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The WGA (Writers Guild of America) is the labor union for working writers in film and television. There are two branches of that union, the Writers Guild of America West and the Writers Guild of America East. As you can imagine, the West represents writers on the West Coast, and the East represents writers on the East Coast.

But what does the WGA do for writers, and why do we want to be a part of a union? The answer: a lot.

For example, here are some of the benefits/protections writers get for being in the WGA:

  • Minimums
  • Residuals
  • Health & Pension

Each of those is incredibly important and, on its own, a big deal. Let’s take a closer look at each of those:

Writer’s Minimums

Writer’s minimums are guaranteed wages for specific work writers do. These rates are the minimum a company can pay for any given task and are enforced for members of the WGA. Minimums are essential because if studios could pay less, they would. These rates have been won and defended for years because of the WGA’s work to protect writers.

The rate will change based on the year, the type of content or step, and where it is being exhibited. Click here to see the current WGA schedule of minimums.

Residuals

Like minimums, residuals are another payment the WGA and its members have defended and earned through negotiations and strikes. When a project is resold or distributed on a plane or re-run, the writer gets a percentage of the money the studios generate.

The WGA has put together a Residuals Survival Guide that breaks down this process, how the money is generated, and what those rates are, so if you want to know more, check it out.

Health & Pension

When a writer works, part of their contract requires the studio to invest a percentage of their pay into their Health & Pension funds. This provides WGA members a retirement account when they stop working and helps fund the incredible Health Insurance that the WGA provides their writers. Check out this helpful article about the WGA Health & Pension Plans to learn more.

How do Writers get into the WGA?

So, all of us want to join the WGA. That’s a proud moment we should all be looking forward to: how do we do that?

Well, the first step is to be a good writer people want to give you work and pay you well to do it. If you’re looking for help, I can’t recommend Michael’s Online Screenwriting Course enough. It’s been a game changer for hundreds of others just like you and me.

After you’ve got the chops and someone has hired you to write, you have to earn points or “units.” At the time of this writing, you need 24 units to be eligible to join. Luckily, the WGA clarifies those units and how to earn them here.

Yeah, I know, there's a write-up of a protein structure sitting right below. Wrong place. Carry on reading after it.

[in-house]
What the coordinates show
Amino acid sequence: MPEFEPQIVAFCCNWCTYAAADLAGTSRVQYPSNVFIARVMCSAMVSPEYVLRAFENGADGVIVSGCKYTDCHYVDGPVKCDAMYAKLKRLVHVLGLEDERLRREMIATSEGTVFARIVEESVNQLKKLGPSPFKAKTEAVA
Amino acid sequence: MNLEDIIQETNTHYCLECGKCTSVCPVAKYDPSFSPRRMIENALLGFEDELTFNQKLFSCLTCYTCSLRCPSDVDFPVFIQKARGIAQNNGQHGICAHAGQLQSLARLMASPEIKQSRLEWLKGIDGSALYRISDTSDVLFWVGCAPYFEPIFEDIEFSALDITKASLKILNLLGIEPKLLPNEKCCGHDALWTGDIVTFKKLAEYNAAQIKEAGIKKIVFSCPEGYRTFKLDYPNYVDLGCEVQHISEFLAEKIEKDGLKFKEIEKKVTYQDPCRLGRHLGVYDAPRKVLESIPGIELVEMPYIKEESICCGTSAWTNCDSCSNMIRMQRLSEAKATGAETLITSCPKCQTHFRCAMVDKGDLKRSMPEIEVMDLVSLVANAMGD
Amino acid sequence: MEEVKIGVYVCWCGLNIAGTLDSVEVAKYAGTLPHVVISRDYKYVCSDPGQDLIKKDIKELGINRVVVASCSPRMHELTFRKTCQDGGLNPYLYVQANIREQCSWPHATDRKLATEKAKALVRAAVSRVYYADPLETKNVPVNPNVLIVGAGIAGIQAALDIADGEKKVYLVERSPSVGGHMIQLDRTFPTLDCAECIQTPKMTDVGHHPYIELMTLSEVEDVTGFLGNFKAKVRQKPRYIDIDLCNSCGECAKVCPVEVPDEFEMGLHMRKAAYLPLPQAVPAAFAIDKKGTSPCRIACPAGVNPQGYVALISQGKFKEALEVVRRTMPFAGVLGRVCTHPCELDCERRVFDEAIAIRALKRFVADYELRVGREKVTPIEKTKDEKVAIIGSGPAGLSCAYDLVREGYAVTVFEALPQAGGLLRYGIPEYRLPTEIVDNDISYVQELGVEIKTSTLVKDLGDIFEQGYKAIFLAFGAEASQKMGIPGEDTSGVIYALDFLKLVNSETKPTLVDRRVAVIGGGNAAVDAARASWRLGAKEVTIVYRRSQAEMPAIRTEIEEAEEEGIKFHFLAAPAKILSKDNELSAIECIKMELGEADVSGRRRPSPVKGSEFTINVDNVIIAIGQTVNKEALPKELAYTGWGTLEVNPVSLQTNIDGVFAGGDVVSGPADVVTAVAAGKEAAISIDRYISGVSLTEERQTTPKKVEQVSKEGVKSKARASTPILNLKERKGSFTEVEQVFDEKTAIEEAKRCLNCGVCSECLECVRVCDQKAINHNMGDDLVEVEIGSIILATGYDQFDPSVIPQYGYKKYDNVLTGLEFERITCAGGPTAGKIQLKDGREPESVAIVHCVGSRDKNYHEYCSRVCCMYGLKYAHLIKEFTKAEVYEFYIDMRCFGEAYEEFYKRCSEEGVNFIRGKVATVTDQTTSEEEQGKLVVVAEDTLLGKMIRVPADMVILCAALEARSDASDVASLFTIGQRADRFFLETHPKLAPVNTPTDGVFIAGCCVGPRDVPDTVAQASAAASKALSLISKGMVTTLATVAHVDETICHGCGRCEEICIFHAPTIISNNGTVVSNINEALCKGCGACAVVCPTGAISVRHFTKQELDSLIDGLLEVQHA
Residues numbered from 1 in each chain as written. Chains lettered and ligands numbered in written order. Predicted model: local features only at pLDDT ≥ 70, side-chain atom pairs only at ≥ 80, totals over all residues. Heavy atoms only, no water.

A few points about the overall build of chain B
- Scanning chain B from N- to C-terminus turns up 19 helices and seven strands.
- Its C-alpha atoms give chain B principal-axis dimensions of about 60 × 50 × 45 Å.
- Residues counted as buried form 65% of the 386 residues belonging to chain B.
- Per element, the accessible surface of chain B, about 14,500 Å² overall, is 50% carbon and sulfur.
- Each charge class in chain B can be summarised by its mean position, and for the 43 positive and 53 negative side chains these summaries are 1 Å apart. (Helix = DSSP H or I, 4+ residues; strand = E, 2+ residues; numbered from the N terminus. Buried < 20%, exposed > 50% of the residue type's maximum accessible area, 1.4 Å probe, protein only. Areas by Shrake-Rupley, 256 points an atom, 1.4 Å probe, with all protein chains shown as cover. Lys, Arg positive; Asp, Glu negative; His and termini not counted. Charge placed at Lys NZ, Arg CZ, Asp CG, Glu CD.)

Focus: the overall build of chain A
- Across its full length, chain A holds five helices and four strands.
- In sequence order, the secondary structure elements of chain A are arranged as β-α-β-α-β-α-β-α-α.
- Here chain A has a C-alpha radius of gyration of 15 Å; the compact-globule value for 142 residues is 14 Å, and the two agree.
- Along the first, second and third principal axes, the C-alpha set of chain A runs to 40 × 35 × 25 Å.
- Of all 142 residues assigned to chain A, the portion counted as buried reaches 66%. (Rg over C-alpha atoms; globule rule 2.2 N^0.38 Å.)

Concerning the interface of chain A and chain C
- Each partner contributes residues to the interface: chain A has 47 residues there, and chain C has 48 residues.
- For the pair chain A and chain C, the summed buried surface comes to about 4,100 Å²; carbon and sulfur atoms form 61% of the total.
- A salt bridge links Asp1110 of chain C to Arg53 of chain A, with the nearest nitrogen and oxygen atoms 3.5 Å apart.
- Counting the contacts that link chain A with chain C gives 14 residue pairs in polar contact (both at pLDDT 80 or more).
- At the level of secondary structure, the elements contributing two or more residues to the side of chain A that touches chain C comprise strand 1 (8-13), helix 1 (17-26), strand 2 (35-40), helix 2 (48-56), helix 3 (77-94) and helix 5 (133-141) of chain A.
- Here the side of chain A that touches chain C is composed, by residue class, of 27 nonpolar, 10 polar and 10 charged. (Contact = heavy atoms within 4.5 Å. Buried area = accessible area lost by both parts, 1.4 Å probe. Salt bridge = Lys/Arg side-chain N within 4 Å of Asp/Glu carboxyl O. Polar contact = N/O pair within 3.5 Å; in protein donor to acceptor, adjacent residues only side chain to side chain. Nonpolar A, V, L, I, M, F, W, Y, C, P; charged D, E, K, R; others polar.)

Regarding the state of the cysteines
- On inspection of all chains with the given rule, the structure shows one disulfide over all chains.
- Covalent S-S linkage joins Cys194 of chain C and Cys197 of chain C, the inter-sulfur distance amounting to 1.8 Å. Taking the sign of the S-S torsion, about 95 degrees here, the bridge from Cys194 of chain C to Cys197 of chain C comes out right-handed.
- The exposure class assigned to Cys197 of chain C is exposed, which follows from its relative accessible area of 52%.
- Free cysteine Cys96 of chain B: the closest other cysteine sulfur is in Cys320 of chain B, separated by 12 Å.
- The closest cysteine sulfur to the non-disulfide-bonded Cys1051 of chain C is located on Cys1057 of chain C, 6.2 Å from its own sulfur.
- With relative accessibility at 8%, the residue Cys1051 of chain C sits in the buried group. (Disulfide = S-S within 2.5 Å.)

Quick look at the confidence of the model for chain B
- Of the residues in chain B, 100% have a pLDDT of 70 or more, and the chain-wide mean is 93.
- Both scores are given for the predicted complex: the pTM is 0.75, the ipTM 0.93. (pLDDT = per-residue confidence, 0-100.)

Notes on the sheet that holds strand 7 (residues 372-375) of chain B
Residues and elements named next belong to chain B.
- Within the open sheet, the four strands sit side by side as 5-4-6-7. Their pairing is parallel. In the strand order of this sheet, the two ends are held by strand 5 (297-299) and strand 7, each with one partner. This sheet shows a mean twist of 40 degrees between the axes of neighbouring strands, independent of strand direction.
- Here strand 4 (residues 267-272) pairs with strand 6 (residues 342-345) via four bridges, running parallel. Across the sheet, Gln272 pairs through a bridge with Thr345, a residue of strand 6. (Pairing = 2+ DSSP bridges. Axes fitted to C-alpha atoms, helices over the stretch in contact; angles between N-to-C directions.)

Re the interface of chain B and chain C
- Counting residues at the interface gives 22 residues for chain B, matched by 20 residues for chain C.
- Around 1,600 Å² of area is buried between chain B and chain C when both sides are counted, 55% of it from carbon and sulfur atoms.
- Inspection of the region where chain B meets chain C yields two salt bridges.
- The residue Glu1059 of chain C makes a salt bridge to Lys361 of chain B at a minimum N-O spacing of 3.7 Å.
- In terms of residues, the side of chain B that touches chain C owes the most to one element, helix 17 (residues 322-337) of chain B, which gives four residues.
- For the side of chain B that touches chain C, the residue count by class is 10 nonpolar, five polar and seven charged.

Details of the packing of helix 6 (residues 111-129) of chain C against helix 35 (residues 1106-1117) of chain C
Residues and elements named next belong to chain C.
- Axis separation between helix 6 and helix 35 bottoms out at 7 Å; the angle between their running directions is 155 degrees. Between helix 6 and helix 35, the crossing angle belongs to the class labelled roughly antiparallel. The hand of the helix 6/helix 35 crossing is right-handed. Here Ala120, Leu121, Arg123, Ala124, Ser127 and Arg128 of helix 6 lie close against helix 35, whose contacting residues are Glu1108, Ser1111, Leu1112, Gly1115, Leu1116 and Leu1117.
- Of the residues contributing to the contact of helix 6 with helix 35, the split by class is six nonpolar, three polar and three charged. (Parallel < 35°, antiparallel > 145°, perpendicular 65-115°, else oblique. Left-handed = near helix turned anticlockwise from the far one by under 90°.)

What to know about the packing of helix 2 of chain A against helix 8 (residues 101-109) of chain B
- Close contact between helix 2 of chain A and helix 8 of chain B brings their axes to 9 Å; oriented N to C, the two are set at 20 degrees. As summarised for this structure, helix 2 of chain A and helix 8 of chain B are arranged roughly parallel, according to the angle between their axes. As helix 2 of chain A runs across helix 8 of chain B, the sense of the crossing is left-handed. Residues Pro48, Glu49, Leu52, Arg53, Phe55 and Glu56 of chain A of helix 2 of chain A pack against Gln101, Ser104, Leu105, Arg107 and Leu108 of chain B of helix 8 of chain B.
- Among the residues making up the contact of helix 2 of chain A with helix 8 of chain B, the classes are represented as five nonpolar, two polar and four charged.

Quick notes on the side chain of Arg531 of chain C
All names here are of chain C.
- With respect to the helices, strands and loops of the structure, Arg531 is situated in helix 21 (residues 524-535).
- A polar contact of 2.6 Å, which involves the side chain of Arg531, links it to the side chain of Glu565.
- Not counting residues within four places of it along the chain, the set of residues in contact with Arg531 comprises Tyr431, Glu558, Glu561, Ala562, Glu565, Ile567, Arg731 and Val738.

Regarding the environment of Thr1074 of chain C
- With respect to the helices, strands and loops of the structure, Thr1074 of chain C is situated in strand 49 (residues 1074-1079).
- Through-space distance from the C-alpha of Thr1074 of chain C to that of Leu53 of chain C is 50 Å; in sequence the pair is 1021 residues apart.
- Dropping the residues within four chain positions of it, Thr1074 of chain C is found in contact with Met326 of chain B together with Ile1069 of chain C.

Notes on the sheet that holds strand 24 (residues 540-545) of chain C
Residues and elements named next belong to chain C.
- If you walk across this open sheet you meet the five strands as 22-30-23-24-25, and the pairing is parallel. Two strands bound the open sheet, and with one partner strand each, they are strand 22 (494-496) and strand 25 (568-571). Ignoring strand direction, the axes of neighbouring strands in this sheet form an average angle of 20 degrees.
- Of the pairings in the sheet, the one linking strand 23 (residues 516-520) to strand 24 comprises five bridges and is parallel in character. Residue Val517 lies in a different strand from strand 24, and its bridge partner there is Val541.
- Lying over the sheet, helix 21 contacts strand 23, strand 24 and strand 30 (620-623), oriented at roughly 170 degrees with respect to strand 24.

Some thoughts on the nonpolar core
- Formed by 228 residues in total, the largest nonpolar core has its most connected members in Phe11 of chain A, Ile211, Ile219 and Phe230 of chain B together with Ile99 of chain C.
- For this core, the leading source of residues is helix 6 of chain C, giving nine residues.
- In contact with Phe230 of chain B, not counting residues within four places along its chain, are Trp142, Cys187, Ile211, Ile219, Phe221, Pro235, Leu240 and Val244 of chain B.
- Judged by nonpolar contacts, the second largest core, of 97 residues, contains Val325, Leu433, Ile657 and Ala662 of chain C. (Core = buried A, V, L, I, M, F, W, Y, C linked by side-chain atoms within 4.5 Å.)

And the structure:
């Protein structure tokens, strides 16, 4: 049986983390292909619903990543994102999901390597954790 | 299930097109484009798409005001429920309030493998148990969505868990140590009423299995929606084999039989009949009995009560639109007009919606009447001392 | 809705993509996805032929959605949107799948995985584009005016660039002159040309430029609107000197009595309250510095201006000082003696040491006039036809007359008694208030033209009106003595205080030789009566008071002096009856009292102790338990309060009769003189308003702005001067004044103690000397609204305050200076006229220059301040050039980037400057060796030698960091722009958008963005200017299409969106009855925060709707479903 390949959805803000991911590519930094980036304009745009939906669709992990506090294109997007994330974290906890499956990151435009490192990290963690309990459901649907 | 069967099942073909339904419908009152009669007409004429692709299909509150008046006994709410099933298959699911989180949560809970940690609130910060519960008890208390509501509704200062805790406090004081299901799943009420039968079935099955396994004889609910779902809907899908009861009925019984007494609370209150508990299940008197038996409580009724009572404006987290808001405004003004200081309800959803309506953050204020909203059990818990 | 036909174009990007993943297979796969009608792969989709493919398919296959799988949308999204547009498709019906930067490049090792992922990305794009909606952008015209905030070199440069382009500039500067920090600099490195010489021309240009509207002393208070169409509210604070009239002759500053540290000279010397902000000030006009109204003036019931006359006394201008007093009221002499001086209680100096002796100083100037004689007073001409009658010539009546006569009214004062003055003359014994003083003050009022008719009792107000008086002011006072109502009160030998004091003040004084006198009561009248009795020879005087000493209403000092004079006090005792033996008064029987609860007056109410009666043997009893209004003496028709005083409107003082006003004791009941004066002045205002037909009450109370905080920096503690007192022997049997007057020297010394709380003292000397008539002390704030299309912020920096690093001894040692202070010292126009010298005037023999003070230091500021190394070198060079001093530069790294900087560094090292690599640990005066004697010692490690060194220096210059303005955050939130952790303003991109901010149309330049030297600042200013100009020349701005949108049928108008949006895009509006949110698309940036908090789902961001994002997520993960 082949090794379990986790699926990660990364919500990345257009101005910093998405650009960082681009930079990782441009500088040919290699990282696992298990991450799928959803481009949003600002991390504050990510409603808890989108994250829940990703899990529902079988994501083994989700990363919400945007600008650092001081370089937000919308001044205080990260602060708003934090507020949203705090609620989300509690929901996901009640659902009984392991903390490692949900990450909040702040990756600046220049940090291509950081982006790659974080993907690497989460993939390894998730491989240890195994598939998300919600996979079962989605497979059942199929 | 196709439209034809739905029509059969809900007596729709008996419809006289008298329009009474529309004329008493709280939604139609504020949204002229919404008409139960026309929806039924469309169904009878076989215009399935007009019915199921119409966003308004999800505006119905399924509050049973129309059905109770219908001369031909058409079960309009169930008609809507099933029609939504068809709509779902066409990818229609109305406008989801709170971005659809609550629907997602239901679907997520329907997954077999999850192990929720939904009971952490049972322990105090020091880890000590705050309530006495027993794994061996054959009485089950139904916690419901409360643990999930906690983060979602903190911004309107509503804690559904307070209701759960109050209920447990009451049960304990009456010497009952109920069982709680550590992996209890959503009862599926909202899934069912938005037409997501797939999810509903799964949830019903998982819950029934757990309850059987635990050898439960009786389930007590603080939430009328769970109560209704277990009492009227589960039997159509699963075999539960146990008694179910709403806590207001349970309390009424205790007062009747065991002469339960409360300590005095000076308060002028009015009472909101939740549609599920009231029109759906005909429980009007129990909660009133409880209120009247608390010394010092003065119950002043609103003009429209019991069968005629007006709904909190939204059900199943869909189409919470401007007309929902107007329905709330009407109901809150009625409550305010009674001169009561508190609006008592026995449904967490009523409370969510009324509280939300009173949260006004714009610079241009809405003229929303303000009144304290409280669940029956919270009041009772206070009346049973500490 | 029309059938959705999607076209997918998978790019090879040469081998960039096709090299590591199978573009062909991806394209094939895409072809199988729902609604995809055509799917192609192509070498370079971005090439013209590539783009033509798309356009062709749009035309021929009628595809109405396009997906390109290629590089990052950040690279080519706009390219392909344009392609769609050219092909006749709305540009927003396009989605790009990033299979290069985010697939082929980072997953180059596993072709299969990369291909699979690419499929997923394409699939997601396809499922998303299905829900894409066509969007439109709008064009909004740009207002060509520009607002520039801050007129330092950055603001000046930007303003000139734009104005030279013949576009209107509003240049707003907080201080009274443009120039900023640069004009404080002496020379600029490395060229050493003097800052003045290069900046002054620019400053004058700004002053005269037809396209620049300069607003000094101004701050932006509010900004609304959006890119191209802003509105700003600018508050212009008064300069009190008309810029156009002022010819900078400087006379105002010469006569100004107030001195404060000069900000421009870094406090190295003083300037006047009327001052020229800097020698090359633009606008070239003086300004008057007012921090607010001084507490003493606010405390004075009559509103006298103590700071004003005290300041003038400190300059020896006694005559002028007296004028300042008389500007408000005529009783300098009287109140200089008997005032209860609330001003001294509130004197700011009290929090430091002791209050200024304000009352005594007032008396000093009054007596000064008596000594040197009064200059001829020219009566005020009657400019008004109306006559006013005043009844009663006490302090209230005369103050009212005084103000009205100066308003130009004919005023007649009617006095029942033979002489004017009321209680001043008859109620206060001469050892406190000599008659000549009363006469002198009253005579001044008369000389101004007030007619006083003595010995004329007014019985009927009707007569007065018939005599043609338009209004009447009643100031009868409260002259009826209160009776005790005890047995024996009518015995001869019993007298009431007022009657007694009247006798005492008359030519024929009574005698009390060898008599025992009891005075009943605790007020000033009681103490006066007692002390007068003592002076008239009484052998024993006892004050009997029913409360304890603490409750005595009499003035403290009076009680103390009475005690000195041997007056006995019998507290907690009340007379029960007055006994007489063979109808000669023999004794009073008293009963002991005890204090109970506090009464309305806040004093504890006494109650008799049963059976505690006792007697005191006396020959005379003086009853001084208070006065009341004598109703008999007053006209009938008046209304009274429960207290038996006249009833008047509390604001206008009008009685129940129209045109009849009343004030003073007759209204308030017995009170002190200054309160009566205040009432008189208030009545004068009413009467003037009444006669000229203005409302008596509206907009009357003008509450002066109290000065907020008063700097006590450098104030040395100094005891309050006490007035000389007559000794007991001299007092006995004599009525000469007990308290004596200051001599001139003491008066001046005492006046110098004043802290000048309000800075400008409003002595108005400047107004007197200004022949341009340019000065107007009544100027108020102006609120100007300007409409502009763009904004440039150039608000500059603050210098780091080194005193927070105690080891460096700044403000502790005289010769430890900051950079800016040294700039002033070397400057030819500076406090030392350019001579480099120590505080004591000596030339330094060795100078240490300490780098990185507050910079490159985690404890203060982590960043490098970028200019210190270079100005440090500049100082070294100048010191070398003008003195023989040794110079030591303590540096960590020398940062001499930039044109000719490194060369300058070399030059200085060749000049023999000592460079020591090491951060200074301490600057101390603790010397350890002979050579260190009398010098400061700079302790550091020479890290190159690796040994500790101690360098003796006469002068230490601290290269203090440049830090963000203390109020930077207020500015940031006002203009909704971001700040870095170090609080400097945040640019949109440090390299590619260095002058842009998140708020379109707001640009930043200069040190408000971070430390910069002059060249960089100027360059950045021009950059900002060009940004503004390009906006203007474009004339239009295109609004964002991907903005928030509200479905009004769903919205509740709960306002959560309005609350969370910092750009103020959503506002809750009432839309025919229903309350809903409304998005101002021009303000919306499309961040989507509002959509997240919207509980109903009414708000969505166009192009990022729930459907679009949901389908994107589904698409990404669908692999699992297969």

Note: For it to count, that work must be performed for a WGA Signatory. That means they’ve agreed to abide by the minimum bargaining agreement and signed a contract with the WGA.

After you have accrued enough units to join the WGA, you must pay a $2,500 initiation fee. Lucky for you, they will take that out of your check. See, they’re already making life easier for you!

The WGA Is Important

It’s important to recognize that the WGA and our collective bargaining is the thing that helps writers earn a living wage and continue to profit from a vital part of the film/tv production process.

If you’re looking to become a professional TV or Feature Writer, you should aspire to join the WGA and take advantage of the numerous benefits previous members have fought to give you. And when you enter, make sure you express appreciation to all those who came before you and made it possible for you to have those same great benefits.

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Michael Jamin, Showrunner, TV Writer, Author

Phil Hudson

Phil Hudson is the Co-Host of Screenwriters Need To Hear This with Micahel Jamin. He's worked on TV & Film projects like Rhett and Link's Buddy System, Quasi, and Tacoma FD, where he is an Associate Producer. Phil has a Bachelor's of Fine Arts in Film - Story Development from Santa Fe University of Art & Design, where he was a Robert Redford Scholar.

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